For anyone who doesn’t yet understand the value of being a member of an advocacy body such as ours, here is but one example as to its value.

Writing submissions, although an important advocacy tool, is a lot of work. Work which relies on a team approach. Initially good quality information from those whom the changes would directly impact must be solicited. We seek this intel from our members, as by being members they have demonstrated their commitment to the future success of their industry. This intel then is collated, themes identified, research undertaken, and a submission which best reflects industry need, is written.

We are currently in a very fast paced landscape of change. It is an advocacy body’s job to not only keep up, but to make meaningful contributions which provide outcomes for the industry they represent. It would be a very brave, or very stupid, advocacy body who doesn’t directly consult their membership on such matters.

In the past week we have worked on several submissions with our members. These include the PALM scheme where we have written two submissions on government intended changes in the last eight months, and we have another one due on 17 May. This latest one has just as many ‘take your breath away’ potential impacts as the first two, which is worrying to say the least.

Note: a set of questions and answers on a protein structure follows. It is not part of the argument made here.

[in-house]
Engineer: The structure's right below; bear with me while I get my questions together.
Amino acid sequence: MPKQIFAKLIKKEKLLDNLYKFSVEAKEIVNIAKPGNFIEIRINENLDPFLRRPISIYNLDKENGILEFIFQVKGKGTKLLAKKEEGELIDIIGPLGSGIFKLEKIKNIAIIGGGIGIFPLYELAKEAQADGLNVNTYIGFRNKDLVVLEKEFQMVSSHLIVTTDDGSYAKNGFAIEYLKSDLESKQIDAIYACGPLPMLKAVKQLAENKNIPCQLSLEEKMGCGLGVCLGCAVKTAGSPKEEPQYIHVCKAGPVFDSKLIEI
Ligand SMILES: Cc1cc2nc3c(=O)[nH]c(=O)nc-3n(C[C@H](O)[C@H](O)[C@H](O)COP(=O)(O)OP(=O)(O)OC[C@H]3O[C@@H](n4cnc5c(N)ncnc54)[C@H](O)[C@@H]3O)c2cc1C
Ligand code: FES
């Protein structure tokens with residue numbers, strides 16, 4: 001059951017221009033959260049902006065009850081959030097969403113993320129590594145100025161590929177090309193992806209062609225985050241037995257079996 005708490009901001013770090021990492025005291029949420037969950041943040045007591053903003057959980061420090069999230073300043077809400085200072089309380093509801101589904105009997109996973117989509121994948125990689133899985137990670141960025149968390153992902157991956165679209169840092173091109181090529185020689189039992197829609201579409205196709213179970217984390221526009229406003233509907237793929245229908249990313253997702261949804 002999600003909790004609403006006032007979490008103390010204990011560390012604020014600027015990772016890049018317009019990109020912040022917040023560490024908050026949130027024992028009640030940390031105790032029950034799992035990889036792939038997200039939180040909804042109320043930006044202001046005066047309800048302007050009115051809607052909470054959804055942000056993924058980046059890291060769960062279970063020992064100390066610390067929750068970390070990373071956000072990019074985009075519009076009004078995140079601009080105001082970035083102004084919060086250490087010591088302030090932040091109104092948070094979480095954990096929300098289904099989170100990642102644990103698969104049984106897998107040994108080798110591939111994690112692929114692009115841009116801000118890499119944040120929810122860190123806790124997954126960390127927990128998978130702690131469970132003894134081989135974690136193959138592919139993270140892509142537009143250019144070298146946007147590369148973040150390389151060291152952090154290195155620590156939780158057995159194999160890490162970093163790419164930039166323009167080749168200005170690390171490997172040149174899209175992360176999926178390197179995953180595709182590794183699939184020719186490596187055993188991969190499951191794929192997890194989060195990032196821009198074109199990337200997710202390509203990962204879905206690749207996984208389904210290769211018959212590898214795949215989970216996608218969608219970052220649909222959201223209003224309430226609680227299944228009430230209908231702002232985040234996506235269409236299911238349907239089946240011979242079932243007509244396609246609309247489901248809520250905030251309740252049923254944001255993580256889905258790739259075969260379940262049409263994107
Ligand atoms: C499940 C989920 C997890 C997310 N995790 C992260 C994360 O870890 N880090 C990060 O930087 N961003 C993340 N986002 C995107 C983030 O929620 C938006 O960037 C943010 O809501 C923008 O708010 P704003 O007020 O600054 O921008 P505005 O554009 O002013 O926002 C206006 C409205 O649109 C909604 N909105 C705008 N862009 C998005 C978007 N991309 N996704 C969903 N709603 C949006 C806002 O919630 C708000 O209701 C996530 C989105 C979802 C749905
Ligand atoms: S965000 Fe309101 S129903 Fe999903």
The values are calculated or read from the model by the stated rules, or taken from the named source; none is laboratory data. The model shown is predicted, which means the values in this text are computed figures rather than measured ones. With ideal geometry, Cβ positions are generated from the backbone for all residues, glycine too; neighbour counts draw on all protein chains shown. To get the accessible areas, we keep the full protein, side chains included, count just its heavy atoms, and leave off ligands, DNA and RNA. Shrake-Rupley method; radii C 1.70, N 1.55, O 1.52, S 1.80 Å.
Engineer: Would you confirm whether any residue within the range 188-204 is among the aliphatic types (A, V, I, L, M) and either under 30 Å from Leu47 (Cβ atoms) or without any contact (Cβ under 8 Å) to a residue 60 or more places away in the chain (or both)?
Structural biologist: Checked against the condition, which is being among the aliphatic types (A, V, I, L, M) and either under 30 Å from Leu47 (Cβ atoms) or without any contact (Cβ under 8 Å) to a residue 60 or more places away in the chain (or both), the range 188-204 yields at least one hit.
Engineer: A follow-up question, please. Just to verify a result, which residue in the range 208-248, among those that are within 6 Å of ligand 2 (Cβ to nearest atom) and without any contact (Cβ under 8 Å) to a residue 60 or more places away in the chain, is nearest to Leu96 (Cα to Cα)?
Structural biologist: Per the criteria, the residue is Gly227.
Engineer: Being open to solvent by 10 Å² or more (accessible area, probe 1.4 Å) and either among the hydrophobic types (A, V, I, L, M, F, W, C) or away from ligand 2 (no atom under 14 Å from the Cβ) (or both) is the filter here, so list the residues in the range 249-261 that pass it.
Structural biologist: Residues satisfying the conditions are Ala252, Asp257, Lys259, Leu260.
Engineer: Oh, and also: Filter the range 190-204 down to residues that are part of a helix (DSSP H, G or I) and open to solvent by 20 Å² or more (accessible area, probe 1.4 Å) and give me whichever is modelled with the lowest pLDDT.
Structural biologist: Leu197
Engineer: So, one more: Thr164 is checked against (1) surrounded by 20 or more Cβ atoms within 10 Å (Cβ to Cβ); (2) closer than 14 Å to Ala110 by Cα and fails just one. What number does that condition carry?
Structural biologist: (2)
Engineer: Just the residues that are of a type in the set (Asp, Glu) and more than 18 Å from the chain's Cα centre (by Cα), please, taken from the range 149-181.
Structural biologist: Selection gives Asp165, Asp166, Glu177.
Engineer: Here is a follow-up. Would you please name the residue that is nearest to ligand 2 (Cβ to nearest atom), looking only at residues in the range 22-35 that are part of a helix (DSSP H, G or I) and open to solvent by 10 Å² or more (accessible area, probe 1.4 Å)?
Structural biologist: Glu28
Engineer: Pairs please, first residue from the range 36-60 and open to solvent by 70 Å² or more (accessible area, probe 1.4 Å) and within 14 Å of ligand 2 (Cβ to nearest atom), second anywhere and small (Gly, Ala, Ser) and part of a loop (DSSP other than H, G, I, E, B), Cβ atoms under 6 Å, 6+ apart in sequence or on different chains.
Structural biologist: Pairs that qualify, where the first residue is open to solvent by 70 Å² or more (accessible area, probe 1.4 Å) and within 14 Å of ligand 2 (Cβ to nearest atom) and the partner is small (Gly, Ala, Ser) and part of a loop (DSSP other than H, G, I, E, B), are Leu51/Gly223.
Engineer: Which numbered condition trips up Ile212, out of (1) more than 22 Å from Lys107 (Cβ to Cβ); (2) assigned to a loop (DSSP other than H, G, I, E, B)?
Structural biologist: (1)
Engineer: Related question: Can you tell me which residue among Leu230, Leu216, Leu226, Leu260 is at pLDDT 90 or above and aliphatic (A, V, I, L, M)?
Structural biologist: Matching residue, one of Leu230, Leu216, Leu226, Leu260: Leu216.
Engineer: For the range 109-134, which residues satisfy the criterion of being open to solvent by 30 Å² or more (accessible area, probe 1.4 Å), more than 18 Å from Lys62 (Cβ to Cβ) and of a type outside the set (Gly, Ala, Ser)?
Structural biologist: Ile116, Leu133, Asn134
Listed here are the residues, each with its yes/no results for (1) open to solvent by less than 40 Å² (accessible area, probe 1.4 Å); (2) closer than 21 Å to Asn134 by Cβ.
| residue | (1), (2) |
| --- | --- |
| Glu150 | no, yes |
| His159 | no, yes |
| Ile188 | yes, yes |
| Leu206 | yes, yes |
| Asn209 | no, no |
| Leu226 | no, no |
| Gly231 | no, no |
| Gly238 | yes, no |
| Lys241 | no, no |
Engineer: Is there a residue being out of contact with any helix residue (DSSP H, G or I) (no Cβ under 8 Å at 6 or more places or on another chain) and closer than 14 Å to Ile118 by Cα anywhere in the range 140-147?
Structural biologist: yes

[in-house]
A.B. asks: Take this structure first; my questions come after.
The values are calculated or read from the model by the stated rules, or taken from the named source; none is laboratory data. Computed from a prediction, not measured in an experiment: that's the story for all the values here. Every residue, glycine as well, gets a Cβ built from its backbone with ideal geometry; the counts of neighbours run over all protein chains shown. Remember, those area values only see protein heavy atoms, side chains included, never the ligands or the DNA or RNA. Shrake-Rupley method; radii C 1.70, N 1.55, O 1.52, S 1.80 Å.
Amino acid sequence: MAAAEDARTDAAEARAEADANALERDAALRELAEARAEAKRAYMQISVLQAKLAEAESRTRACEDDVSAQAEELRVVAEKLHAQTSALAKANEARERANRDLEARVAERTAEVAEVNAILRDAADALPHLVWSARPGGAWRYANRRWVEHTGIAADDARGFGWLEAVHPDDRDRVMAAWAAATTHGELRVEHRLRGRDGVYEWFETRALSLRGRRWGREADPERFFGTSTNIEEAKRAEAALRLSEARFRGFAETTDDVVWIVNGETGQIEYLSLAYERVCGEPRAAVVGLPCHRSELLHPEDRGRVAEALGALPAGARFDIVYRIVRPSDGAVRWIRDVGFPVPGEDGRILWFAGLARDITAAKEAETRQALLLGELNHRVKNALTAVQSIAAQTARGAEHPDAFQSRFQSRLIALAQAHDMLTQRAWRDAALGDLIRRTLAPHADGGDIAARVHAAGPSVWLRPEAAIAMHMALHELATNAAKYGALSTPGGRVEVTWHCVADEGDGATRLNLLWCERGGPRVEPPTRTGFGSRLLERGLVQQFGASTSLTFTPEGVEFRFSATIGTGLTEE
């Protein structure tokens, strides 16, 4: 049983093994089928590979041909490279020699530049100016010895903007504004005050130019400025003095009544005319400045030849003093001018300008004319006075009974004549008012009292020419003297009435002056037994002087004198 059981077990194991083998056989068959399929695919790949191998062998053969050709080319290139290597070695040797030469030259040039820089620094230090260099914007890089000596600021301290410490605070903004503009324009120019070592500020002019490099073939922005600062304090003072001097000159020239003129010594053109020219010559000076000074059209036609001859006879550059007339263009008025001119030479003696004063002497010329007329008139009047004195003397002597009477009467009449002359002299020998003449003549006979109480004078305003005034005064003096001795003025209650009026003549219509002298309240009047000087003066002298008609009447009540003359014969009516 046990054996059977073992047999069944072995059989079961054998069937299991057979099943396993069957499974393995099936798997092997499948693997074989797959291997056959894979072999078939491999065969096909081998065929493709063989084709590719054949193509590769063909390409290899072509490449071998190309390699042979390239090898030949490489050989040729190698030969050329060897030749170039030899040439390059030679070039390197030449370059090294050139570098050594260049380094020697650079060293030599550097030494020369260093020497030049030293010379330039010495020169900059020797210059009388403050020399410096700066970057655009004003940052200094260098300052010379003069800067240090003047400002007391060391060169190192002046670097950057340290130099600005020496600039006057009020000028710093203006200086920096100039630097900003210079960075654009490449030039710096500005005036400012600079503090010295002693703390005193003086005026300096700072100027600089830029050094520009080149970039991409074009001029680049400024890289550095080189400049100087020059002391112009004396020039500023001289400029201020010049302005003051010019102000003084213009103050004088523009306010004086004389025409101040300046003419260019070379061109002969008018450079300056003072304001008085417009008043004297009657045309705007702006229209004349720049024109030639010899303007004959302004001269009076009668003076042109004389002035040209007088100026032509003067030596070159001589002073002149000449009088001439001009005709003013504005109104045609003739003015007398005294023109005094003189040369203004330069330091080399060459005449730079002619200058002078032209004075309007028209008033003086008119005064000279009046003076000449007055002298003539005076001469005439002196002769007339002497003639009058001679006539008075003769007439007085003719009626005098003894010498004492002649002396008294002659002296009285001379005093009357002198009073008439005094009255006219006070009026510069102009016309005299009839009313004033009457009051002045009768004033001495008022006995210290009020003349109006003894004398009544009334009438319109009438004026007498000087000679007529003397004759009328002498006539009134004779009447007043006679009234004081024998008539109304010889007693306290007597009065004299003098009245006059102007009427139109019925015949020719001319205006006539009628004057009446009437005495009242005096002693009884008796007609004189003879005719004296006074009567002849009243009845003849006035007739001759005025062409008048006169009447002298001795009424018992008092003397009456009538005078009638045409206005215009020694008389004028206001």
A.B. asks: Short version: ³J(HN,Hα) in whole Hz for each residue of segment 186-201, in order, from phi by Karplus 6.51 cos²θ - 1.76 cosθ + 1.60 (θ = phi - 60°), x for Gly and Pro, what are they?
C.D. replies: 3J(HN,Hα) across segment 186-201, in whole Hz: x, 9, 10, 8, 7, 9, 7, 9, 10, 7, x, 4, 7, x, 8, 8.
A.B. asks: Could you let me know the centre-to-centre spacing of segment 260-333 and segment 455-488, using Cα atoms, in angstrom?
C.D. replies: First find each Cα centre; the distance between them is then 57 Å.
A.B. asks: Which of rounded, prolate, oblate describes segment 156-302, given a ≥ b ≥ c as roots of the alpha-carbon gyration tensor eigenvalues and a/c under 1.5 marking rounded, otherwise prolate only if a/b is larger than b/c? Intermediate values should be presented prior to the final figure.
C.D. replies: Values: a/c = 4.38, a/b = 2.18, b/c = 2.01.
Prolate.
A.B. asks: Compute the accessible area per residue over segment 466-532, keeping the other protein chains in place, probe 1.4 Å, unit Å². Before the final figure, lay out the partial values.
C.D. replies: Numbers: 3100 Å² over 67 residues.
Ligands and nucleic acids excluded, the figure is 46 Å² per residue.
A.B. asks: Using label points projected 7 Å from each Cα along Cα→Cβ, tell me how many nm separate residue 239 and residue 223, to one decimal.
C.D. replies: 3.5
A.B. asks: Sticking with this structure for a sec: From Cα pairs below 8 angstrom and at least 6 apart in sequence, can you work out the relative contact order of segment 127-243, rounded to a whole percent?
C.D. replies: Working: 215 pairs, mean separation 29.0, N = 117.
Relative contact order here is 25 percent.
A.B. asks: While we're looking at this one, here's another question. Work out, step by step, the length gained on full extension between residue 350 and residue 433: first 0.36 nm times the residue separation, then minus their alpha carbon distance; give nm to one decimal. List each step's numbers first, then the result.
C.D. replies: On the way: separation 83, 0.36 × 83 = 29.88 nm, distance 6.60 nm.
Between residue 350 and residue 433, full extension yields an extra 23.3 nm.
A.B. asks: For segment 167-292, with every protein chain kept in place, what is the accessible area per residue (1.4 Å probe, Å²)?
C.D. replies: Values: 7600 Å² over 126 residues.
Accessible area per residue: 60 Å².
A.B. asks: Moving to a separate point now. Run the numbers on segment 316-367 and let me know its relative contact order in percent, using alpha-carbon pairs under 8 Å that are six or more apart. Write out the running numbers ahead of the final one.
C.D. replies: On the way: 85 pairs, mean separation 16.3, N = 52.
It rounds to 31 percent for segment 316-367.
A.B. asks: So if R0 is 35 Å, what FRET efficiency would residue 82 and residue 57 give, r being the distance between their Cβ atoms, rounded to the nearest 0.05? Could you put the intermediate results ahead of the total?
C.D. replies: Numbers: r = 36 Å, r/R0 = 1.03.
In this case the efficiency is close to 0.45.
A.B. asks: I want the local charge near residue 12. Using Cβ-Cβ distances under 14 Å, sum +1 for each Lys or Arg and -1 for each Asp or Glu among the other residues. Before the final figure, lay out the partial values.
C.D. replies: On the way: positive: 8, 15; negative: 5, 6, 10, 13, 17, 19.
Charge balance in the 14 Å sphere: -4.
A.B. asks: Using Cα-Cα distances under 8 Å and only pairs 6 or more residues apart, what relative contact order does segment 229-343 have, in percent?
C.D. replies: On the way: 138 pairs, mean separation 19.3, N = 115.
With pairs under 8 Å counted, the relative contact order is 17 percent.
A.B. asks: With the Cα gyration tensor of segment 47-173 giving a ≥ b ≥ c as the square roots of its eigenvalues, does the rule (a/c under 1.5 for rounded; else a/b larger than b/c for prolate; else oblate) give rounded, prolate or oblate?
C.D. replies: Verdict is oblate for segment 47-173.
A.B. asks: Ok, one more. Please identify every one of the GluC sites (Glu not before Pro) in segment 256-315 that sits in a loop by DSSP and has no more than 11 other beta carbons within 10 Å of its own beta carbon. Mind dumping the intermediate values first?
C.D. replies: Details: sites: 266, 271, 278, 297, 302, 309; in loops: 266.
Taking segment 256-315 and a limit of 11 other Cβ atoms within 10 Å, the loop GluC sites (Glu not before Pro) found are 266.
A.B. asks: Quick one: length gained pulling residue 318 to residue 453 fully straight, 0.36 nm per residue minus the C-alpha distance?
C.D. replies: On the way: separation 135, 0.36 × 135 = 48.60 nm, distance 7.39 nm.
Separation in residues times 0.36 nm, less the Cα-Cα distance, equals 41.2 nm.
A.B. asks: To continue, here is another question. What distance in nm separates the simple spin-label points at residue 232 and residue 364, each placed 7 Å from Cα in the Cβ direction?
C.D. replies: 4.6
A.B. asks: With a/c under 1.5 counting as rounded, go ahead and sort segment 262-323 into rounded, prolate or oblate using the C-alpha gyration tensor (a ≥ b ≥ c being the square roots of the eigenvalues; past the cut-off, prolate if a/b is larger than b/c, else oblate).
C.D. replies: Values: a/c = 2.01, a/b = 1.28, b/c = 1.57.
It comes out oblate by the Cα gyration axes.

Last week we also sent off our submission on Labour Hire regulations, answering the government’s 38 questions about a proposed National Scheme. We used this opportunity to make a statement about the lack of government prosecution of knowingly and wilfully illegal operators and asked the government to further investigate the exploitation of the labour system by employees, e.g. employees choosing to leave a fully compliant employer to move to a non-compliant employer to avoid paying tax.

Also last week was the governments release of the review of the Migration System Final Report. A 200-page report about the future of migration – a hugely impactful piece for horticulture. We haven’t been given a submission due date but have been told that it will likely be within the month.

Finally, due on 5 June we have the Modernising the Agricultural Levies Legislation where we will have to report on the impact of the draft excise to selected horticulture commodities including avocados, cherries, chestnuts, custard apples, ginger, lychees, mangoes, melons, olives, onions, papaya, passionfruit, pineapple and Rubus amongst many other things.

Thank you to all our members who have responded to our many requests for information we can’t work for you, without you.